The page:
Brush: Every Man Jack synthetic
Soap: The Shave Den Lemons and Figs lanolin
Post: Cold water rinse and SAL Alum


Livin’ On The Edge, My Indoctrination Into The Single Edge Cult

Single Edge razors, or SE razors, are one of the many oddities of traditional wet shaving.  They are a group of razors that linger in relative obscurity, even within the traditional wet shaving community.  SE razors first popped up in the 1890s and were widely produced until their decline in the 70s.  Poor marketing, less variety, and Gillette cornering the safety razor market via returning WWI and WWII veterans (who were given the Gillette Old Type as a part of their standard issue field gear) are all listed as reasons for the decline and eventual demise of the SE razor.  Whatever the reasons, time has marched on and away from the poor single edge safety razor.  In spite of this SE razors are still regarded as excellent shaving tools.  SE razors can be purchased for relatively little money and while there are relatively few options the blades are still available in most on-line shaving stores and can even be found in many drug stores such as CVS, Walgreen’s Pharmacy, and Rite Aid.  For someone interested in trying something a little different, the SE is an excellent choice.

Generally speaking, there are two different types of SE razors, the Gem type (which encompasses a number of different razors made mostly by Star, Gem, and Ever-Ready) and the Injector type (which is more or less entirely represented by the various Schick injector razors).  These two razor types are very different and use completely different designs, blades, and mechanics and are only lumped together because they both happen to be outdated razor designs which use a ridgid single edged blade.  The Cobra razor is another, currently produced SE razor that does not quite fit into either category (it is closest to an injector), but is usually kept in its own special category in spite of the fact that it too is a single edge safety razor.  For my purposes when I am referring to SE razors I am talking about the Gem and injector style razors, but excluding the Cobra.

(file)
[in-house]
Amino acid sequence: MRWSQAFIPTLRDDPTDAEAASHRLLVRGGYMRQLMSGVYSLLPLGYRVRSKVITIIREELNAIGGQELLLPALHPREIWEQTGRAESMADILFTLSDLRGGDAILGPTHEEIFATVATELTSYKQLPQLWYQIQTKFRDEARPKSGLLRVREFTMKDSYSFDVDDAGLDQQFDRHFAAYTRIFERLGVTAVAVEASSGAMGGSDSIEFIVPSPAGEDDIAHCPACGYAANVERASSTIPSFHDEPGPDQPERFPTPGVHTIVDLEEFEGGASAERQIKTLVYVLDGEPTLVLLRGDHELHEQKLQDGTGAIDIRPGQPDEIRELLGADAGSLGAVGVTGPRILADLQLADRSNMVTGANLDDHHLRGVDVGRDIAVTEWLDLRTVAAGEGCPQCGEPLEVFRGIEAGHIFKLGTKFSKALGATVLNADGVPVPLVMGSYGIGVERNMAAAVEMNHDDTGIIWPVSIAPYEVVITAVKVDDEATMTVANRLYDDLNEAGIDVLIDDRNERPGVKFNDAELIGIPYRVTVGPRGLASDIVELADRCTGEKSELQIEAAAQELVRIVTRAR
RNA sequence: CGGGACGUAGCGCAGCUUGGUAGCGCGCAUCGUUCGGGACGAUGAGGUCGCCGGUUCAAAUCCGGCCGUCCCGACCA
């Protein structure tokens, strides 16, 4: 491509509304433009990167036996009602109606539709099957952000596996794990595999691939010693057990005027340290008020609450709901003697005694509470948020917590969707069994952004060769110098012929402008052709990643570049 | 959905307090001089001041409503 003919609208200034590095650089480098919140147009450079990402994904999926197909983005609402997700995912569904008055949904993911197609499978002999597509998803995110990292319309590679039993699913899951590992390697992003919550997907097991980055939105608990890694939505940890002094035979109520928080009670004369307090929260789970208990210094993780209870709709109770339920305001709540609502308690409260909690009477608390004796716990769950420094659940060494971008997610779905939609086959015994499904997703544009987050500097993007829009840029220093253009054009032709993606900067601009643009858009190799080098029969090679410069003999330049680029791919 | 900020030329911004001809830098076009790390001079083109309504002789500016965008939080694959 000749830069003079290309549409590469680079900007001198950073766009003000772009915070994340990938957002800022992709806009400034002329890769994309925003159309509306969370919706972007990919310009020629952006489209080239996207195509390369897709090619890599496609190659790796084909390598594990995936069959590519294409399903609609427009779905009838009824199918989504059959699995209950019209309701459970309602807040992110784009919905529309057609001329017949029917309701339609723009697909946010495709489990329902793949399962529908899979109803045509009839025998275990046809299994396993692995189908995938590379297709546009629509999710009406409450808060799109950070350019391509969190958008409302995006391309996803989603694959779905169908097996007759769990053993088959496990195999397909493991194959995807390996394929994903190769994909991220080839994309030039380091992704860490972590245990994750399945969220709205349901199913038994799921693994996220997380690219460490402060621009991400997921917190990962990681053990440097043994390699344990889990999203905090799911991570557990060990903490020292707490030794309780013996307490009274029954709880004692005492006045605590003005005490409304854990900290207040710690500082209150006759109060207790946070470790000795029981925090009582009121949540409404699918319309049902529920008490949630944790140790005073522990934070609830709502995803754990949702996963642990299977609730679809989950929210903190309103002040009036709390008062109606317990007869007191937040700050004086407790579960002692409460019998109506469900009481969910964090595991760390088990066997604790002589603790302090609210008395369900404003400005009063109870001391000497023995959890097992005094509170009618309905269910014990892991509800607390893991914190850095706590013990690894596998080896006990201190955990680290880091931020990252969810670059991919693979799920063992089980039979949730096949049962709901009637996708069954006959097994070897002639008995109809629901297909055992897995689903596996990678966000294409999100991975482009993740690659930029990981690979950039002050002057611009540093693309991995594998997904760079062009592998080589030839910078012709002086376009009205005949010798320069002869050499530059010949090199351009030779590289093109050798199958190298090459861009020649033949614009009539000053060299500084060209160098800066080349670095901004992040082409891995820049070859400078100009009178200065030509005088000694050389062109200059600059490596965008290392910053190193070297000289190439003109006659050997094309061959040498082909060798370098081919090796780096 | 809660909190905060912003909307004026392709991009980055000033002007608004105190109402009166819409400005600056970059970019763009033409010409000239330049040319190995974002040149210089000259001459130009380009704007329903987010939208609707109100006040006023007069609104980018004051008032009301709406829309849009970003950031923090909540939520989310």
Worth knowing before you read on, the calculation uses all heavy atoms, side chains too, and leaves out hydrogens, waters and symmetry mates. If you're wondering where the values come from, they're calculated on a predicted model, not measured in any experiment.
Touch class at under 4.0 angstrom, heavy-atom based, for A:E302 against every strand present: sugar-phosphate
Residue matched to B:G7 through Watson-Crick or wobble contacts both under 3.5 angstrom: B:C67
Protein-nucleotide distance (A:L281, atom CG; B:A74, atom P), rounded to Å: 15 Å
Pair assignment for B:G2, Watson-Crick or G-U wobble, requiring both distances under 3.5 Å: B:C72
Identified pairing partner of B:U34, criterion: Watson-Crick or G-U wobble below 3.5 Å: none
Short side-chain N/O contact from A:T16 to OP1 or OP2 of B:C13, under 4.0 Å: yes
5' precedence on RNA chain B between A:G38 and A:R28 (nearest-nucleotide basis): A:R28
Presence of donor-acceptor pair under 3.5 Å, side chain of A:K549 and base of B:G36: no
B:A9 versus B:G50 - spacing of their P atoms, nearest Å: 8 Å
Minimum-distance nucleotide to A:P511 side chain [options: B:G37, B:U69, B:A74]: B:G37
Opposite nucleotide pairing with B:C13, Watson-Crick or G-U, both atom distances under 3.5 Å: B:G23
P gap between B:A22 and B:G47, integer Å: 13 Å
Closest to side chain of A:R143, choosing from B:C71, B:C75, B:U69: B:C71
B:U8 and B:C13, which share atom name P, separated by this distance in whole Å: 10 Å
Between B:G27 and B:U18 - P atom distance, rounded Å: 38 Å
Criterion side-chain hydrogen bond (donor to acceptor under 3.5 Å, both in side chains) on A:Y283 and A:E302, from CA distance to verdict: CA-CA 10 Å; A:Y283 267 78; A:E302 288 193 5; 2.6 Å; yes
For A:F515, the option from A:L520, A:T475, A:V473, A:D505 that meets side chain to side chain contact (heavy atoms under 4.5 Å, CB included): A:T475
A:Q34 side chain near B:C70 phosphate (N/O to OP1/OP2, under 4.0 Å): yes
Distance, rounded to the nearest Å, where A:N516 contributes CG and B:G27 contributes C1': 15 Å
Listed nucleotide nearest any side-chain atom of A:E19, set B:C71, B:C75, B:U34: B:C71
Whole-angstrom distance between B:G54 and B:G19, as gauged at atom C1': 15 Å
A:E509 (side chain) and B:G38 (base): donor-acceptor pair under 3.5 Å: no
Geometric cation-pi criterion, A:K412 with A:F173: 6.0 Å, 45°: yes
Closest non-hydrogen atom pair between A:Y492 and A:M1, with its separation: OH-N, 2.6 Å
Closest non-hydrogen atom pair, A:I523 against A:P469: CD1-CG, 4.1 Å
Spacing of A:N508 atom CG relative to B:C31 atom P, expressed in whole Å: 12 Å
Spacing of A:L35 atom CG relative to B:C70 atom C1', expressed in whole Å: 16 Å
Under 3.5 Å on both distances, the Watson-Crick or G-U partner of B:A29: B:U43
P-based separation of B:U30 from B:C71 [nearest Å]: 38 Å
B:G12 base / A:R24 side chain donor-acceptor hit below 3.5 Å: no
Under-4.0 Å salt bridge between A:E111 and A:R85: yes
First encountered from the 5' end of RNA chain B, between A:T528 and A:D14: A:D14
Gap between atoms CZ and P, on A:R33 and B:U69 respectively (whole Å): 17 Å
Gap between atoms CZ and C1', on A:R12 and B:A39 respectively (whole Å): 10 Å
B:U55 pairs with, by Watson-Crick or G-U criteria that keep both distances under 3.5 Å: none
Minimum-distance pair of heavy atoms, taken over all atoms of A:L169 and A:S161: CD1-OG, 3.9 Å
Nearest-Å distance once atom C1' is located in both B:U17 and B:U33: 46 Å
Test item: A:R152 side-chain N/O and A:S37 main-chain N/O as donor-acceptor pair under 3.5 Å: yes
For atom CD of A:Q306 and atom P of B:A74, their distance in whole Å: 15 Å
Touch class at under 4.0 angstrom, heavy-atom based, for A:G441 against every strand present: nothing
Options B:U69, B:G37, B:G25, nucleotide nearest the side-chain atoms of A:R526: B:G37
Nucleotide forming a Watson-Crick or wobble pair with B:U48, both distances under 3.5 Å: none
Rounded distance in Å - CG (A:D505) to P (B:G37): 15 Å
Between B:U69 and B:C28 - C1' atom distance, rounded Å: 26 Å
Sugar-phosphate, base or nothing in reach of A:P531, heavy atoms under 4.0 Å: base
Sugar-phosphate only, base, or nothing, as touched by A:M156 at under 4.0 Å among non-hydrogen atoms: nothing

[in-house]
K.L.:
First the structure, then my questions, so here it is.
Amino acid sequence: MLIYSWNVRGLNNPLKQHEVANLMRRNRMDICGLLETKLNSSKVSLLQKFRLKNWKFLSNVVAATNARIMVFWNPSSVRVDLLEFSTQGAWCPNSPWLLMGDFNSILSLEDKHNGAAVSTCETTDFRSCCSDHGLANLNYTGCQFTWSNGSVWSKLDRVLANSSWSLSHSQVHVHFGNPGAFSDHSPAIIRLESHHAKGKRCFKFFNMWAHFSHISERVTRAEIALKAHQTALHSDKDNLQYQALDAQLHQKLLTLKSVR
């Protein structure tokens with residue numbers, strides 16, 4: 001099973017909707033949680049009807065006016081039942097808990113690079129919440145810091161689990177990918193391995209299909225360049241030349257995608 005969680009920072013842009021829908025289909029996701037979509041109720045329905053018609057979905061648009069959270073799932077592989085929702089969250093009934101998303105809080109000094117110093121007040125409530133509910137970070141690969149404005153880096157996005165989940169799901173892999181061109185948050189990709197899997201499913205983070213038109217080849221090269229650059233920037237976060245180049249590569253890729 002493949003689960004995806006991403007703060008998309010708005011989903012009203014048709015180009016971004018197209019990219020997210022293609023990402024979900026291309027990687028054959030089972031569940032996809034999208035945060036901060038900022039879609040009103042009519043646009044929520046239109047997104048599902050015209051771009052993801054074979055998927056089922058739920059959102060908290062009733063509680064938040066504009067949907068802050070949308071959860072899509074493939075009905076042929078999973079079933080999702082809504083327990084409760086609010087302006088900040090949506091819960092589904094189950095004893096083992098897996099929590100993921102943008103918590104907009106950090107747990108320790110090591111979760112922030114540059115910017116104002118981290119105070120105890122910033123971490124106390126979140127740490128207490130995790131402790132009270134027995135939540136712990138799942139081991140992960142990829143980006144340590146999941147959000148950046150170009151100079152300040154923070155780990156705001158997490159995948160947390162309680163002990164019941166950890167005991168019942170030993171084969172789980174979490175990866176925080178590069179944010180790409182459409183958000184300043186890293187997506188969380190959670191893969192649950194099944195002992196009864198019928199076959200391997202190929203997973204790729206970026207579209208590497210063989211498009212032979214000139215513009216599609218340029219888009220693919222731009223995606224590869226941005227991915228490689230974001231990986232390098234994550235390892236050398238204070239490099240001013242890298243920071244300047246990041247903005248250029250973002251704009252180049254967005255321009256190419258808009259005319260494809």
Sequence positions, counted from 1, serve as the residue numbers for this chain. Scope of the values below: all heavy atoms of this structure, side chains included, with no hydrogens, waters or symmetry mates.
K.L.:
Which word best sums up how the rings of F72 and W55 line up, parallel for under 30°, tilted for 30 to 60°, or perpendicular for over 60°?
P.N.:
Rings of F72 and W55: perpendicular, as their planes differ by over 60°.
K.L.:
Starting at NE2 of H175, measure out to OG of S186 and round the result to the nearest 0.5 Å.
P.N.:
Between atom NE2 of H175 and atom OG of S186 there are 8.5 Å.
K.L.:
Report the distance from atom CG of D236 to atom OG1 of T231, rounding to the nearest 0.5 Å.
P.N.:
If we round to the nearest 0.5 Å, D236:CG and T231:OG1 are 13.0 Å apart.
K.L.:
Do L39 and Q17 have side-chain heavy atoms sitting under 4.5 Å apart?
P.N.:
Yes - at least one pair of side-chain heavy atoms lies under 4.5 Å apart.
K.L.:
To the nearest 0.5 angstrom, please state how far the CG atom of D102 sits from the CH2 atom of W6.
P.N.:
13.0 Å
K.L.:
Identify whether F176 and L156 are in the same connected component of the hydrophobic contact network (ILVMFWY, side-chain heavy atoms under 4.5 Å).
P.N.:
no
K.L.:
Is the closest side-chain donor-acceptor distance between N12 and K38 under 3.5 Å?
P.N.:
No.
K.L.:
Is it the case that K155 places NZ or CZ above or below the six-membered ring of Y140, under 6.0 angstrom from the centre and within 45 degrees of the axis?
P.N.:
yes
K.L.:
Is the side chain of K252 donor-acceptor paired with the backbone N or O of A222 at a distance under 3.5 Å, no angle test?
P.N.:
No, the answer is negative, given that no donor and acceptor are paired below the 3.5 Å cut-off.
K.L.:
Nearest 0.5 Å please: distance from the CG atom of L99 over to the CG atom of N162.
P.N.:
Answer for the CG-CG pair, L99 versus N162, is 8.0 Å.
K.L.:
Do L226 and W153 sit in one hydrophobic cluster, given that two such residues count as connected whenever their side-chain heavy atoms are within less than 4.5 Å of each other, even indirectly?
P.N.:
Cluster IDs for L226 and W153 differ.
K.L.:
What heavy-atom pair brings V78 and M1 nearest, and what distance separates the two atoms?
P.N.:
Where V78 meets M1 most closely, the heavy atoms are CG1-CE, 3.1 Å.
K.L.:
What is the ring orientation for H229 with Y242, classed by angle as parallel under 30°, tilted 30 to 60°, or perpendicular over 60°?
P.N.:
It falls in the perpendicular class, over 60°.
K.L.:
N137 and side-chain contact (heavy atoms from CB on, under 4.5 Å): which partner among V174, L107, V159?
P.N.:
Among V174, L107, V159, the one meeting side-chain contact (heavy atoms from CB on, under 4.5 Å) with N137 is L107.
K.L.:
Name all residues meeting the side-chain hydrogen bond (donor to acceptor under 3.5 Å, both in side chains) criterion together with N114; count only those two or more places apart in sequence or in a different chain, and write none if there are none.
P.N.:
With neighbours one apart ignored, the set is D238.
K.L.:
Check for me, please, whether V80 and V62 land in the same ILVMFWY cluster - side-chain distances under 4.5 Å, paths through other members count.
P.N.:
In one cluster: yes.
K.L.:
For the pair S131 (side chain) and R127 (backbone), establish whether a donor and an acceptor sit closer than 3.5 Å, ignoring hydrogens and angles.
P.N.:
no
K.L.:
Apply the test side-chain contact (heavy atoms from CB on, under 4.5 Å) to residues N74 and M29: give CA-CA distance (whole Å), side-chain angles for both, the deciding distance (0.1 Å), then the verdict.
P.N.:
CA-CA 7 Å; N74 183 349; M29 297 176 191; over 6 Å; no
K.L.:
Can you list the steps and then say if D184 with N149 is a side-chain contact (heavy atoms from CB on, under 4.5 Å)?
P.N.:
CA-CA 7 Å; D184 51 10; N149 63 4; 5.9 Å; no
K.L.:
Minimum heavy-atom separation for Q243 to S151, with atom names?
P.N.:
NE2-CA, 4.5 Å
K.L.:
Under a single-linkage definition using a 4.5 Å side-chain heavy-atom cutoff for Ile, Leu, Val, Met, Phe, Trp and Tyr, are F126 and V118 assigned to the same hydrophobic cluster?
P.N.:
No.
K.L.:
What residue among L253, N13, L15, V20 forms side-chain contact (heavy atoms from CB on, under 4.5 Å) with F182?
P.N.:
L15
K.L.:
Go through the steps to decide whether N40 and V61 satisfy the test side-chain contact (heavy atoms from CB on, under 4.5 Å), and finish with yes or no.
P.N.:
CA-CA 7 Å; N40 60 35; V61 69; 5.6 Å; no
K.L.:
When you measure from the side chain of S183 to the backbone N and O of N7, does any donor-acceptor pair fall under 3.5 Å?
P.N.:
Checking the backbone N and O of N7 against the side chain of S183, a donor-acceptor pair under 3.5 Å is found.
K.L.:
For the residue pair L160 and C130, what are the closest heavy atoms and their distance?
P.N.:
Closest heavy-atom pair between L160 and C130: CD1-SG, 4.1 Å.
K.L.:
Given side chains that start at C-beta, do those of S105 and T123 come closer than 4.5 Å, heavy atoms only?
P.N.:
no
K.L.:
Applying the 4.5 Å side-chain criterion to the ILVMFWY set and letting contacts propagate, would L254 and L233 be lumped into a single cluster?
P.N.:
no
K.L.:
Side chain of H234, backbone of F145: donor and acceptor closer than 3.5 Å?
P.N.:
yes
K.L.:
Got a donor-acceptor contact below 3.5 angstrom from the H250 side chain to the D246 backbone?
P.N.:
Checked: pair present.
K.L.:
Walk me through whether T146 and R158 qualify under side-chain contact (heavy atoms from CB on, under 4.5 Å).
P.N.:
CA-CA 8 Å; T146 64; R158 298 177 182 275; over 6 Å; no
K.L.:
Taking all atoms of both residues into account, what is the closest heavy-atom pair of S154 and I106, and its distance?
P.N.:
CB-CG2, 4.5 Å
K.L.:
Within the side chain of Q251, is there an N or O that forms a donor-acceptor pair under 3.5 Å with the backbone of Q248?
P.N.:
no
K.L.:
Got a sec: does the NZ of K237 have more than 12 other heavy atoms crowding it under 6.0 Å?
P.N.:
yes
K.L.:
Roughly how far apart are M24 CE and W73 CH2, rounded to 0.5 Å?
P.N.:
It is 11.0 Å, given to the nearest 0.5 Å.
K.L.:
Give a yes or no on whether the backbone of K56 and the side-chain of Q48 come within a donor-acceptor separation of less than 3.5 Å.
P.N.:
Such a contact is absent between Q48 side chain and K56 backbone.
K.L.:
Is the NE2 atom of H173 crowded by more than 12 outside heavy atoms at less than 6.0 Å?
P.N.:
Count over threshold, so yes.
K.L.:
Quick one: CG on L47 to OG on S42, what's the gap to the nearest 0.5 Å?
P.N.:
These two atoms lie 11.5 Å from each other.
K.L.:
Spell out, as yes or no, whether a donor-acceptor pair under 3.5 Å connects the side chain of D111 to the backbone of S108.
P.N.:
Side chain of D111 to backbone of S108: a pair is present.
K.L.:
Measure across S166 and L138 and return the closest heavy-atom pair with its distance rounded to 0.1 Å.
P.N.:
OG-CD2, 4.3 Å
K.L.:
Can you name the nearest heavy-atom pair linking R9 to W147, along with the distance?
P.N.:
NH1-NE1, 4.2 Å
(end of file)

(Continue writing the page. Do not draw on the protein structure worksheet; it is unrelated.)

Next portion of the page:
Recently I have become interested in SE razors.  It has come about partly from a desire to try something different and partly because I have been seeing an increase in the number of folks posting SOTDs featuring SE razors.  Thanks to an event called The Nation Wide Box Tour (hosted by one of my favorite shaving forums, The Shave Den) I have managed to pick up a few Gem SE razors, a Schick Injector and several blades for both razor types.  Over the next couple of weeks I will dedicate my time to learning about the history, proper techniques, and peculiarities of each of these odd razors.  I hope to come out with a better understanding of SE razors and traditional wet shaving in general.